University of Pennsylvania and Pennsylvania State University Disclaimer

Personally, when I came across the first disclaimer, I wanted to remove it because I beleived it caused confussion. For example, when you first see the University of Pennsylvania wiki page one, right away, encounters Pennsylvania State University. However, I thought a disclaimer could be useful if it was stated in a certain way that would avoid confussion. Thus, I created the following:

"You may be looking for the article on the “state-related” Pennsylvania State University, this is a separate institution from the private University of Pennsylvania, which is a member of the Ivy League."

Please discuss before you change someone's edits. Thank you. -- (talk

Whatever. First, we're not talking about a disclaimer, or we shouldn't be, but about disambiguation.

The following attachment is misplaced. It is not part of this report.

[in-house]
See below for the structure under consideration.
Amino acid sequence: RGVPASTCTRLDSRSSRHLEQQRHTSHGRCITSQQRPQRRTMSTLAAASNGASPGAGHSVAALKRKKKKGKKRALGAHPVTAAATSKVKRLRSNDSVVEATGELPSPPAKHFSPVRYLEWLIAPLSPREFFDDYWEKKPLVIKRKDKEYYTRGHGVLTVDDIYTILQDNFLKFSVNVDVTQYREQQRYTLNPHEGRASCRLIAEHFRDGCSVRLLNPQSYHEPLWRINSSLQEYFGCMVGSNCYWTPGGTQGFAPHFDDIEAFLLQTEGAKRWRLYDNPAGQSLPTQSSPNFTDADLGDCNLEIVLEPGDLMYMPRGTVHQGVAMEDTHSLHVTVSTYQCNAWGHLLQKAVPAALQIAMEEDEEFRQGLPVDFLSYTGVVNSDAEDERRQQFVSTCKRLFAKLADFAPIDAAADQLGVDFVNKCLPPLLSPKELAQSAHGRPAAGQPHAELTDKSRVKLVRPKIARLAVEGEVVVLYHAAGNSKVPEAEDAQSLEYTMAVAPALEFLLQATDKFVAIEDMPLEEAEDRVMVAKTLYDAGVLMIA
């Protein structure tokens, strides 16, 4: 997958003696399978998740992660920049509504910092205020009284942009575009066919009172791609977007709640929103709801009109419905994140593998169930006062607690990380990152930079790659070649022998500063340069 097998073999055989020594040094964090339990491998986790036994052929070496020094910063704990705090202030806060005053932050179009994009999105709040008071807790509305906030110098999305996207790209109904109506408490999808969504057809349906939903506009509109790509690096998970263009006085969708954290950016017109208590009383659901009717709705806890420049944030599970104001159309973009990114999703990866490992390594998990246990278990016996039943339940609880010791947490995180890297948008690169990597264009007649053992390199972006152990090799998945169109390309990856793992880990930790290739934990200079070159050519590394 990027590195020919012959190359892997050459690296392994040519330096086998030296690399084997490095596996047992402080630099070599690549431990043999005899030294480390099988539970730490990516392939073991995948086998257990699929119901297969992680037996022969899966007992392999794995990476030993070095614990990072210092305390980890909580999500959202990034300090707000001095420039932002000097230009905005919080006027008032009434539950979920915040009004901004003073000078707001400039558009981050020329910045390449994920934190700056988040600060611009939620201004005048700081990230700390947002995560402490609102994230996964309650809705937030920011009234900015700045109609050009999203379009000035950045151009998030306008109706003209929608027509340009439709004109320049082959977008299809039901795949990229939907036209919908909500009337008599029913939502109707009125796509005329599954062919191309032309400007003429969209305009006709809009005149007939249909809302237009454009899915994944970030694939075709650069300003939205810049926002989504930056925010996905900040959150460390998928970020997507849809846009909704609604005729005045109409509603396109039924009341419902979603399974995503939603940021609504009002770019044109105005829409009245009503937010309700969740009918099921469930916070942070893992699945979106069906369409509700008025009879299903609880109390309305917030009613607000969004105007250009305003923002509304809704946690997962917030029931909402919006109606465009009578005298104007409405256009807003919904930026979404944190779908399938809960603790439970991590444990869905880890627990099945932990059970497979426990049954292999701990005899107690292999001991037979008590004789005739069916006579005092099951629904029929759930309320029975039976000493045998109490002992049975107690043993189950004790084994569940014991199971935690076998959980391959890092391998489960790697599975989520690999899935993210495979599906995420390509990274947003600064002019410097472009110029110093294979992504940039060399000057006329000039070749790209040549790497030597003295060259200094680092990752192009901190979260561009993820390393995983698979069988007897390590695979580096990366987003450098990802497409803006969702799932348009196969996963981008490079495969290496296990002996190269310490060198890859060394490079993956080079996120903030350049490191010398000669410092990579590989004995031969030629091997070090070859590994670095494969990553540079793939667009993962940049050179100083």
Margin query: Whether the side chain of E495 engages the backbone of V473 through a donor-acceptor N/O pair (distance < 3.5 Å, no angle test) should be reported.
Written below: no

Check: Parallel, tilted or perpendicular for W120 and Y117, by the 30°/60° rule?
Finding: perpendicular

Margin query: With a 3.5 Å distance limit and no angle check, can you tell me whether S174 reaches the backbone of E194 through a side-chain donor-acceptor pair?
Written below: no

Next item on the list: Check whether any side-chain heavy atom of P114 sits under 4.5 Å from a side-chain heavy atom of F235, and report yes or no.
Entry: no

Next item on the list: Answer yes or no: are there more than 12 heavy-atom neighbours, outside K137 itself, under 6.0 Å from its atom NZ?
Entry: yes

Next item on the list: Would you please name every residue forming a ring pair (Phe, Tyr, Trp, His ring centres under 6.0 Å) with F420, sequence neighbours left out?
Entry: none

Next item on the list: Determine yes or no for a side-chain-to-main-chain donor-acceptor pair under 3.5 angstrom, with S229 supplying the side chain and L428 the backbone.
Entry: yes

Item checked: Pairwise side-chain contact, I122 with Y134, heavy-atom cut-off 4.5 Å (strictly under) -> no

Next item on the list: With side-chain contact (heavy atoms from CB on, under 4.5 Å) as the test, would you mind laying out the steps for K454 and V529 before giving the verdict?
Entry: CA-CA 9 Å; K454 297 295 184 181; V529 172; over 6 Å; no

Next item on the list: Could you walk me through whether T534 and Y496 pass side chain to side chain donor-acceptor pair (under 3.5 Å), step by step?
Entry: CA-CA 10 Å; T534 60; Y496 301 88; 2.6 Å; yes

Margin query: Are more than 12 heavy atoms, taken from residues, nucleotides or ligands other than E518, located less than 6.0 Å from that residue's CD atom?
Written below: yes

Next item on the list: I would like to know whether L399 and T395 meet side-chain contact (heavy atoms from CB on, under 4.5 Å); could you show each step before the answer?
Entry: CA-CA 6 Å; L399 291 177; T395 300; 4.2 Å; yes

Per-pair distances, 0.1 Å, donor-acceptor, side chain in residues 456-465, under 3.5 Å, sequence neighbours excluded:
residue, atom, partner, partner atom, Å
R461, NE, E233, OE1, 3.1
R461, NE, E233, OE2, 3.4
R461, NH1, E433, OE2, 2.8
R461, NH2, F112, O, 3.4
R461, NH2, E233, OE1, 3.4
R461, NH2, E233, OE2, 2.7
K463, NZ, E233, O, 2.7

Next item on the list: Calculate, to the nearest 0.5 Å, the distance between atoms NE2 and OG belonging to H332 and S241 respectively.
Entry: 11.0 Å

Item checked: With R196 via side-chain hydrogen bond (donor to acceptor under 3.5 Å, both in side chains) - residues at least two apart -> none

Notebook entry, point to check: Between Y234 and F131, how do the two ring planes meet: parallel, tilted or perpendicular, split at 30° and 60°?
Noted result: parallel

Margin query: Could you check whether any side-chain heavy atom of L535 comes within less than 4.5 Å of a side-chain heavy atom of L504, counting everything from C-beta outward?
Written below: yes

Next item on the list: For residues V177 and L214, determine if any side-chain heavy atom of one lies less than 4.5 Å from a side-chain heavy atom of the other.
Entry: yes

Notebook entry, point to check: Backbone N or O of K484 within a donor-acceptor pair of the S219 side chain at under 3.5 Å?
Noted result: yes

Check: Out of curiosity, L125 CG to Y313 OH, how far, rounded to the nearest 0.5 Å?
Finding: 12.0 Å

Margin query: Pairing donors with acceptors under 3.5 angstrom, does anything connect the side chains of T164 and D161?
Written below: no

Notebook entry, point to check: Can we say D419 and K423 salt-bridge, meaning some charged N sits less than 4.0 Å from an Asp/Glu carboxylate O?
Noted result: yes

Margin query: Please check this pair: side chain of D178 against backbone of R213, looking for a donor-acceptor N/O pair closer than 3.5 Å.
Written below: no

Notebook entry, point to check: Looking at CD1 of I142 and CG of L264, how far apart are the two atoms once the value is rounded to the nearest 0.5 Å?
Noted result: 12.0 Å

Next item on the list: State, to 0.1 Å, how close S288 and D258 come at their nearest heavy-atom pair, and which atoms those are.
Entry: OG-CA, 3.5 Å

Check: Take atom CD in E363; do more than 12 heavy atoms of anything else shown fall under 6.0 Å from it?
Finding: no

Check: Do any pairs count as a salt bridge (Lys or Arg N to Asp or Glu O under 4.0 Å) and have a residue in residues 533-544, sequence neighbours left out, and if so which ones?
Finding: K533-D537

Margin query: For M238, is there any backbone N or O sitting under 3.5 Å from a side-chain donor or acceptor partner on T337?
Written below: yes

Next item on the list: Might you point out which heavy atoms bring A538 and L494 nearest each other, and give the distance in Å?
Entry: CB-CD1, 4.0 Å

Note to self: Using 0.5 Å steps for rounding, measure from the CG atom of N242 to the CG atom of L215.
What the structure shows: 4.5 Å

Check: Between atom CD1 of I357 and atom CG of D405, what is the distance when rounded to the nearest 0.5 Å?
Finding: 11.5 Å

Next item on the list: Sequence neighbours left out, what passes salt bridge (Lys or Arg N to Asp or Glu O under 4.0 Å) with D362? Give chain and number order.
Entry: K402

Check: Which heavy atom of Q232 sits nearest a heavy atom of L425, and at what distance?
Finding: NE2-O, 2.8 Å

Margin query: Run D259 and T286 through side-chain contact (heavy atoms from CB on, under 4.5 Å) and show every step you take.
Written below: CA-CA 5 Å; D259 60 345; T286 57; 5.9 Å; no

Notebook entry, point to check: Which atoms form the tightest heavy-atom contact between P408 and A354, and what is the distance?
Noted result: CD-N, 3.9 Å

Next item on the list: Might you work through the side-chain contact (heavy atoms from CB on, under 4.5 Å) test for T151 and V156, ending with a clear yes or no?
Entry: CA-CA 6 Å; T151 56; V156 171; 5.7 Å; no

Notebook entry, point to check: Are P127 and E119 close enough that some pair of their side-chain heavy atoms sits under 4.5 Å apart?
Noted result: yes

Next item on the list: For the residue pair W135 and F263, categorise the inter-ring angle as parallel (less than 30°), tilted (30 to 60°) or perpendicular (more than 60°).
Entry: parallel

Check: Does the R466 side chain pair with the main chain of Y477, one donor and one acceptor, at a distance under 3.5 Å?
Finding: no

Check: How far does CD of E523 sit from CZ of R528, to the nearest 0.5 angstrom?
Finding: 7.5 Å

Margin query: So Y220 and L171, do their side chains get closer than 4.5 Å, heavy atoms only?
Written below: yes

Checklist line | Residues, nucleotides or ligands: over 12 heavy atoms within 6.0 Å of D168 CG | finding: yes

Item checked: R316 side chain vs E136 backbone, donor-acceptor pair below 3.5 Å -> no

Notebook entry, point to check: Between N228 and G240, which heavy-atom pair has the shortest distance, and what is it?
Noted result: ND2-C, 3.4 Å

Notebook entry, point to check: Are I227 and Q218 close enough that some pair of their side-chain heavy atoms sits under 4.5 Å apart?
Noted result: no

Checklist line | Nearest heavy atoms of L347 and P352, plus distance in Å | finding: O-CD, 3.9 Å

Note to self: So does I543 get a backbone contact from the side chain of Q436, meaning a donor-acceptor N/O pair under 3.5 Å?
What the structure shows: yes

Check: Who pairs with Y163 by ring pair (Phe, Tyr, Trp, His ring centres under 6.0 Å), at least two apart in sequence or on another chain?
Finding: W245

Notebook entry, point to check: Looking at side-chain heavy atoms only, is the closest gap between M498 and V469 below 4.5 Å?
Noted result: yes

Second, I believe the reason why we're having a problem with stability is there are two things going on.
There is a legitimate reason for a disambiguation notice. To someone not familiar with the American university system, it is quite possible to think that, say, the University of Pennsylvania and Pennsylvania State University are different names for the same thing. After all, it's also called Penn and UPenn. To best serve these people, the University of Pennsylvania and Pennsylvania State University articles need to have mutual disambiguation notices.
But mixed into this is the desire to insinuate something about the relative status of the two institutions. For example, I at least suspect that some of the people that keep removing the notice are implicitly saying that Penn is so great that nobody could possible confuse it with Penn State. The current wording puzzles me because I am completely baffled as to why the disambiguation notice should mention that Penn is in the Ivy League.